Peter Liu is bullish on the Year of the Tiger. His sumptuous new Chinese restaurant, O Mandarin, has been softly open in Hicksville since the last week of 2021 but by the start of the Lunar New Year this week, the kitchen will be fully staffed, Peking duck on the menu and the liquor license on its way — hopefully by the end of the 15-day celebration.
Liu’s first O Mandarin opened in Hartsdale in 2017 and received the kind of acclaim rare for a Chinese restaurant: Listed in the current Michelin Guide, its chef, Eric Gao, was a James Beard best-chef semifinalist in 2020. But Liu is upping the ante even higher in Hicksville, with a free-standing 7,000-square-foot building that used to be Mio Posto. Liu bought the property two years ago and has painstakingly transformed it into an opulent homage to Chinese culture. Much of the material comes straight from China — reclaimed bricks and tiles, a delicate replica of a Tang-dynasty temple that mimics its own reflection in water, an antique wash stand and, just beyond the front doors (rescued from a country house in Shanxi), two 100-year-old lion-topped carved stone hitching posts.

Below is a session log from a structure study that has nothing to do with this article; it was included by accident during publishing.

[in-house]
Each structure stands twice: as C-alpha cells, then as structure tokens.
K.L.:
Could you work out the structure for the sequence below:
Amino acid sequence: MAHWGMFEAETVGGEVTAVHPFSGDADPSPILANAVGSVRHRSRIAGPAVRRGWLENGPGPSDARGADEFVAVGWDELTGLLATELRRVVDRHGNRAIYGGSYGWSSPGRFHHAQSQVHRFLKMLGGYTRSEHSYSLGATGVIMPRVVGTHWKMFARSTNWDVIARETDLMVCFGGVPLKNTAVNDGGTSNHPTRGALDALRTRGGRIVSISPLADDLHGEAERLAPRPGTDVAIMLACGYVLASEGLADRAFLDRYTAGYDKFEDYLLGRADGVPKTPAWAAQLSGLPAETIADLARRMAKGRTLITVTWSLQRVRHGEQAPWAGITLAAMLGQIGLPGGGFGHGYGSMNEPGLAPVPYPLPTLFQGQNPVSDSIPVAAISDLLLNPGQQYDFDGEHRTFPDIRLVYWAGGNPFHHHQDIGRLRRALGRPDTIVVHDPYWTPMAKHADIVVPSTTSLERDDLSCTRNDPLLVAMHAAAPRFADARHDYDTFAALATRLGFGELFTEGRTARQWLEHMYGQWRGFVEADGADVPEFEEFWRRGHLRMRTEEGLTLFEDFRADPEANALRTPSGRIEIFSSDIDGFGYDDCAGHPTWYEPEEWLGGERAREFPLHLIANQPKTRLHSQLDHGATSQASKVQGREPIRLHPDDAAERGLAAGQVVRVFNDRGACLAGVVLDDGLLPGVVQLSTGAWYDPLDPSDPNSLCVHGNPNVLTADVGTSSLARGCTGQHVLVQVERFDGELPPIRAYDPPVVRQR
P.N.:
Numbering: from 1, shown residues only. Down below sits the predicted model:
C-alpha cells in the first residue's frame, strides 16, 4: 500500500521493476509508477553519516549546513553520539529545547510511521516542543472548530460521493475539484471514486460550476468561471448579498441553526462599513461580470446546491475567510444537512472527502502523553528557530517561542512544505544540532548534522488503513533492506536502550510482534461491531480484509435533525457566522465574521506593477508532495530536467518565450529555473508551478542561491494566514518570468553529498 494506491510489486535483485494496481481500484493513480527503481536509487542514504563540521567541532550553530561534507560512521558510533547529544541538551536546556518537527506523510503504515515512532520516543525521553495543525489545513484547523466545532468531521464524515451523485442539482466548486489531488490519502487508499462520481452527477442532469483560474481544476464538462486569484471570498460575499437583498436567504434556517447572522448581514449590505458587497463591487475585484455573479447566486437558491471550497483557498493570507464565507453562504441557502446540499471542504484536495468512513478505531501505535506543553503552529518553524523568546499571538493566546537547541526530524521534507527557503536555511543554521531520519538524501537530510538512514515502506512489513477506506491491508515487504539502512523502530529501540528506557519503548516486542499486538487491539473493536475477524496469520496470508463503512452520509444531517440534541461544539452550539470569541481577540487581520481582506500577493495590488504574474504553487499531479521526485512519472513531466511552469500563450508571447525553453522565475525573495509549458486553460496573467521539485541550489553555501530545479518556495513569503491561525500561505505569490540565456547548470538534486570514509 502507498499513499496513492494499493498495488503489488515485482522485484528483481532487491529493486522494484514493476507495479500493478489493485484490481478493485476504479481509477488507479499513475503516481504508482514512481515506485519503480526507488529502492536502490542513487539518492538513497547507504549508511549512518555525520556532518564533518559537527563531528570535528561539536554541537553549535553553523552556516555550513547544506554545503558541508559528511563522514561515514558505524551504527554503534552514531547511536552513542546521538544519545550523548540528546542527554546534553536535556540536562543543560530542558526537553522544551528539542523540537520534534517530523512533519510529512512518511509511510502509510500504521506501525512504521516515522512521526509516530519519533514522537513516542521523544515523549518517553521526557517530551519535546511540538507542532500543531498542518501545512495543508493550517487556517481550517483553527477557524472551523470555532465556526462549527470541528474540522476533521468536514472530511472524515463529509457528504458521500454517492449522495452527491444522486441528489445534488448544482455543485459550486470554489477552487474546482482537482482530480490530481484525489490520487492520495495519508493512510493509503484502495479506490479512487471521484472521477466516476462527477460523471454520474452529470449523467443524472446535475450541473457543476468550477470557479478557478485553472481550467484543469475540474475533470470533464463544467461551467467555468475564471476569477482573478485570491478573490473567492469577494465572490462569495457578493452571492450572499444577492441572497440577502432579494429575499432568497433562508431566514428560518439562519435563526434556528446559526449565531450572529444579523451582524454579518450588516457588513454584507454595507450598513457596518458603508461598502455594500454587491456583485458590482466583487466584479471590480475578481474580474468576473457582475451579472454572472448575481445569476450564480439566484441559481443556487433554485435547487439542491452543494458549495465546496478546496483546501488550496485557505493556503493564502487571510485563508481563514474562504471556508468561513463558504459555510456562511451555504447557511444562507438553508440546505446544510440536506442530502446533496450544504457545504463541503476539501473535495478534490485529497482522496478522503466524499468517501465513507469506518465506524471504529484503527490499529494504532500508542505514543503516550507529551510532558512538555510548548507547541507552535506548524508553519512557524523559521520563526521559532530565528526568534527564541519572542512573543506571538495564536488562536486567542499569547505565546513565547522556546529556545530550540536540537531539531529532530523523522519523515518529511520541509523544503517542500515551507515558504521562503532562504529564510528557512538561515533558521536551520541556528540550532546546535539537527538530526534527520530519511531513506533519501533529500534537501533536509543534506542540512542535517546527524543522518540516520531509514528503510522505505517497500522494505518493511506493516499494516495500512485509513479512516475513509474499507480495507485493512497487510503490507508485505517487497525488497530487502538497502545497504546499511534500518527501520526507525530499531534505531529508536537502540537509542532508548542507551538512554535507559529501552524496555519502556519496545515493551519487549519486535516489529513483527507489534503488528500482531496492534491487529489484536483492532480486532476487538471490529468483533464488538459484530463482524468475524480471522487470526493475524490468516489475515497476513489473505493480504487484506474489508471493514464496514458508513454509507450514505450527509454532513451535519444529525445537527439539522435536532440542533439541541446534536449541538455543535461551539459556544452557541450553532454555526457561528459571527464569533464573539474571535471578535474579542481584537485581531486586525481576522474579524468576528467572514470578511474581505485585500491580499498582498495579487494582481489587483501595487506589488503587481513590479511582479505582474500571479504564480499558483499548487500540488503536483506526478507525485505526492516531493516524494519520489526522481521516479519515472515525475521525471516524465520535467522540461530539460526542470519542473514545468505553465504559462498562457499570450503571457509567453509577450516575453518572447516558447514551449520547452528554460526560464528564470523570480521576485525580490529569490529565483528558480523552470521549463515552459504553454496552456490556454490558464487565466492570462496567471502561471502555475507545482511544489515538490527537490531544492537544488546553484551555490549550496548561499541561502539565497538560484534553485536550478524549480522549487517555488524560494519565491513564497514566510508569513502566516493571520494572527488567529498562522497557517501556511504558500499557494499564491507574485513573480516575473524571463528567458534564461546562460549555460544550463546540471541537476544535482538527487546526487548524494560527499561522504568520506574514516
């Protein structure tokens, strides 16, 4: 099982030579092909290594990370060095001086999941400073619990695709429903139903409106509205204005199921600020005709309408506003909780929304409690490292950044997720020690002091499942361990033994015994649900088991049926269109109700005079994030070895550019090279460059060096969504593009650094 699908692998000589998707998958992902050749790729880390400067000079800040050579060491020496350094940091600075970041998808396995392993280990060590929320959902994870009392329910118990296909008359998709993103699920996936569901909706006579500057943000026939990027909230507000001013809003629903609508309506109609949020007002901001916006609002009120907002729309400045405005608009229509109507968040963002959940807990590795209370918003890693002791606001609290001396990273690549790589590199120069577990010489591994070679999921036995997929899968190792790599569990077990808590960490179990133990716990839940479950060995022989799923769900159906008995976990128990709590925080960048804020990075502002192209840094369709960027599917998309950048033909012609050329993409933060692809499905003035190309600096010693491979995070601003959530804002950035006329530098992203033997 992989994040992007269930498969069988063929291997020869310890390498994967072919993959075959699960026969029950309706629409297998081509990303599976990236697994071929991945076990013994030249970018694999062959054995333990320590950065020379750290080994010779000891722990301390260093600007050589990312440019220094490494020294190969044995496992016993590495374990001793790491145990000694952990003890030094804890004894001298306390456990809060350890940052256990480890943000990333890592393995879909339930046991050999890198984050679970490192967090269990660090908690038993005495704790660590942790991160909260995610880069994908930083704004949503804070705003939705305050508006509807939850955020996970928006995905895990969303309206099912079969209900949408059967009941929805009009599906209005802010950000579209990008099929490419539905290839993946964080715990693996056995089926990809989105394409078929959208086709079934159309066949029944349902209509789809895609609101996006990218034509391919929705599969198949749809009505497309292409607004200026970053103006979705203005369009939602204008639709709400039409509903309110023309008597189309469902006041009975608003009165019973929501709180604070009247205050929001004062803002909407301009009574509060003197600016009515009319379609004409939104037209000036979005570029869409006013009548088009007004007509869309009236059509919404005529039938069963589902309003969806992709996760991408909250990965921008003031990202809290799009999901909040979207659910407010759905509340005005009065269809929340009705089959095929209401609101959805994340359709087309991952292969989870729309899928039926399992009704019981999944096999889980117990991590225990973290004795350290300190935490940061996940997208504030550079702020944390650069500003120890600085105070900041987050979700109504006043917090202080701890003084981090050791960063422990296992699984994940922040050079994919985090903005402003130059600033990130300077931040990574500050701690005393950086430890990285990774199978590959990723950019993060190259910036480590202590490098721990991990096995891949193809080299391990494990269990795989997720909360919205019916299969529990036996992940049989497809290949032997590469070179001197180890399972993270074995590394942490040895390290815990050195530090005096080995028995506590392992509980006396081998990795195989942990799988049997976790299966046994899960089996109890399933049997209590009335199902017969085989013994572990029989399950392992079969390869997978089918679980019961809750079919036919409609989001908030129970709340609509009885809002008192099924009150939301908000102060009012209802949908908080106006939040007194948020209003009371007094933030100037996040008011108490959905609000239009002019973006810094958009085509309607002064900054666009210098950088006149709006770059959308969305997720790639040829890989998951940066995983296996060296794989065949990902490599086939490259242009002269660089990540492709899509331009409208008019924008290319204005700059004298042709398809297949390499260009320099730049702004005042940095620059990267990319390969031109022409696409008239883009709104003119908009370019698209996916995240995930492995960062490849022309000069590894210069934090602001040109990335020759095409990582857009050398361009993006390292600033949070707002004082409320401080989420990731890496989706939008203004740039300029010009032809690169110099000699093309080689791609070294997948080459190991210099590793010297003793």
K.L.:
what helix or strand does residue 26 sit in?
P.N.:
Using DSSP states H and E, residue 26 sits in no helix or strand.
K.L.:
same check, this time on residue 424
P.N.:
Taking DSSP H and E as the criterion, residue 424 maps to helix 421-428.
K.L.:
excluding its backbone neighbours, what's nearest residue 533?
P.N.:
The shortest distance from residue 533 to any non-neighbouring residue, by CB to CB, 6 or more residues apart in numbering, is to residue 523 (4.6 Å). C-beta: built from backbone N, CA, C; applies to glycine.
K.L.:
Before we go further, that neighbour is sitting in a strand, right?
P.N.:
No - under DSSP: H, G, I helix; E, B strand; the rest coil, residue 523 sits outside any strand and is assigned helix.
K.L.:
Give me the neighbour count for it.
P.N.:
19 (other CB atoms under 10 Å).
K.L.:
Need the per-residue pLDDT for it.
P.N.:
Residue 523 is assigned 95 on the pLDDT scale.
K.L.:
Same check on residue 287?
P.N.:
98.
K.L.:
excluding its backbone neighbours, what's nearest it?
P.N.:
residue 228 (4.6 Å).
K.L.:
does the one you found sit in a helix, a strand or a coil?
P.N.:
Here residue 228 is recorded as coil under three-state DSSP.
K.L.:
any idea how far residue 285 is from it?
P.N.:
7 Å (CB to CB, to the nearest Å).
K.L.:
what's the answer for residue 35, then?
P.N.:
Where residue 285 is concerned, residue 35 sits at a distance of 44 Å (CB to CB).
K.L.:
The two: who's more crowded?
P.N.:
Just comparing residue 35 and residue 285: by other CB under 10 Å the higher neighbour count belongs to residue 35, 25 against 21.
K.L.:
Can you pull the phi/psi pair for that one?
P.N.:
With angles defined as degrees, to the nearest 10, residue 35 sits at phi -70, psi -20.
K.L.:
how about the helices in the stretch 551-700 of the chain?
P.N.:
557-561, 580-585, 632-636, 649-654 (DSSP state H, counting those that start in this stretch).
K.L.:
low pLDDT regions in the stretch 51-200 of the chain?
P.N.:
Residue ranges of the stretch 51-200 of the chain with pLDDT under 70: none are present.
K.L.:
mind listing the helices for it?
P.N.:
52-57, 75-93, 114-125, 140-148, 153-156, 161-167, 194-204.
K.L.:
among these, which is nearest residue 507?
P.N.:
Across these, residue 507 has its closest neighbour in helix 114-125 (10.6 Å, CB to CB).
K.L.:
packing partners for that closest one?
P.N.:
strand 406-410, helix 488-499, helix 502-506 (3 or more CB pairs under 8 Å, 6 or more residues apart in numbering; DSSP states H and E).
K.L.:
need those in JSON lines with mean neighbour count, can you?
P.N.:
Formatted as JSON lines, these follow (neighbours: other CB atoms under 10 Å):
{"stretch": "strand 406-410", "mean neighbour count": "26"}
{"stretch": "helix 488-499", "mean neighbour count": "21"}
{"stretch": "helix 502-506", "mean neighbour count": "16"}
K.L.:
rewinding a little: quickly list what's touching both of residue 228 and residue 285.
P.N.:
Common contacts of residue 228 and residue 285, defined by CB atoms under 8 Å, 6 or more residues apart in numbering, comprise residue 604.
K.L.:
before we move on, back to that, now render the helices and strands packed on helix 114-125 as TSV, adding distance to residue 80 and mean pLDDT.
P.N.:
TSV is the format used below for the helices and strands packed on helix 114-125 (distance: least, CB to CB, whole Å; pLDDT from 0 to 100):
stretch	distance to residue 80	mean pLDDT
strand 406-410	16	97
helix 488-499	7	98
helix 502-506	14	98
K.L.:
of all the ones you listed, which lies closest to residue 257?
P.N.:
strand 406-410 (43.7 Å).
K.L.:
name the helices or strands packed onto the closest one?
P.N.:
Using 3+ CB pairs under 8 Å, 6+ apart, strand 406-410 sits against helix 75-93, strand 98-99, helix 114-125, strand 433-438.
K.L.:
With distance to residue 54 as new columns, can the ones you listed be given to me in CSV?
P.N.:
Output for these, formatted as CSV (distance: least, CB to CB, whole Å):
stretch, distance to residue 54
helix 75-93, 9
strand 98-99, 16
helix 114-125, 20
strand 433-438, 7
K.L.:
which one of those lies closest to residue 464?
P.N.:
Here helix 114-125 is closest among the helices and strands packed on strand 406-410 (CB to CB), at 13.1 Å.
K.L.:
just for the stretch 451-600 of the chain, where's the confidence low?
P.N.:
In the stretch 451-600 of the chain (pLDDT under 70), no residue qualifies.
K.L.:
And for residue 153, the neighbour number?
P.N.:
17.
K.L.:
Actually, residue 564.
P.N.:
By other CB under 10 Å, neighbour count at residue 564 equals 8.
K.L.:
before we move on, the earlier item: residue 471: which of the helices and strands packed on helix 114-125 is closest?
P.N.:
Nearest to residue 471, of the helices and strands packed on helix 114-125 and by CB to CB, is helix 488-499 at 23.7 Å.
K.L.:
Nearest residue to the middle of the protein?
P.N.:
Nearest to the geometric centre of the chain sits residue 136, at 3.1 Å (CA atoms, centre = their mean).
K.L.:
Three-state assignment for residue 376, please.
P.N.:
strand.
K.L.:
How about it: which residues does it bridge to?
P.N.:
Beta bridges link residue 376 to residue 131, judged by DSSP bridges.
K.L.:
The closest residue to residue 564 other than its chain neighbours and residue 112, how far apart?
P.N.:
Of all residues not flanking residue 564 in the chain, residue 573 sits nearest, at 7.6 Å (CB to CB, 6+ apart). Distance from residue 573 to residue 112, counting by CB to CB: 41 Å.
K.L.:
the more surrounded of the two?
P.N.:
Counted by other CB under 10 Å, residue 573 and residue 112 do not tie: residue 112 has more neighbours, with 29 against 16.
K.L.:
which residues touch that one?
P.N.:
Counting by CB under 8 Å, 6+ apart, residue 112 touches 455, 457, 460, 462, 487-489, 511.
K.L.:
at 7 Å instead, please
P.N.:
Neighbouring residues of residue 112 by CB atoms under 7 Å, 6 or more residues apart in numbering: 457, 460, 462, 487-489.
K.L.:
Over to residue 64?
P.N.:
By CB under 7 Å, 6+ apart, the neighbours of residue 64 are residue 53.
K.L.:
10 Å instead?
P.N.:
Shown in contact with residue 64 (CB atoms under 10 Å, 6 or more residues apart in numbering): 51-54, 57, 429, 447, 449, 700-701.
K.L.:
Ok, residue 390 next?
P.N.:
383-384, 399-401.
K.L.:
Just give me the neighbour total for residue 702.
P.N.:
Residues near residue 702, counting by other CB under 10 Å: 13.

"It took a lot of time and a lot of money and a lot of thought," Liu said. "A lot of this stuff is from my personal collection. I wanted to present not just the food but the culture of China. The interior is as much about education as it is about ambience."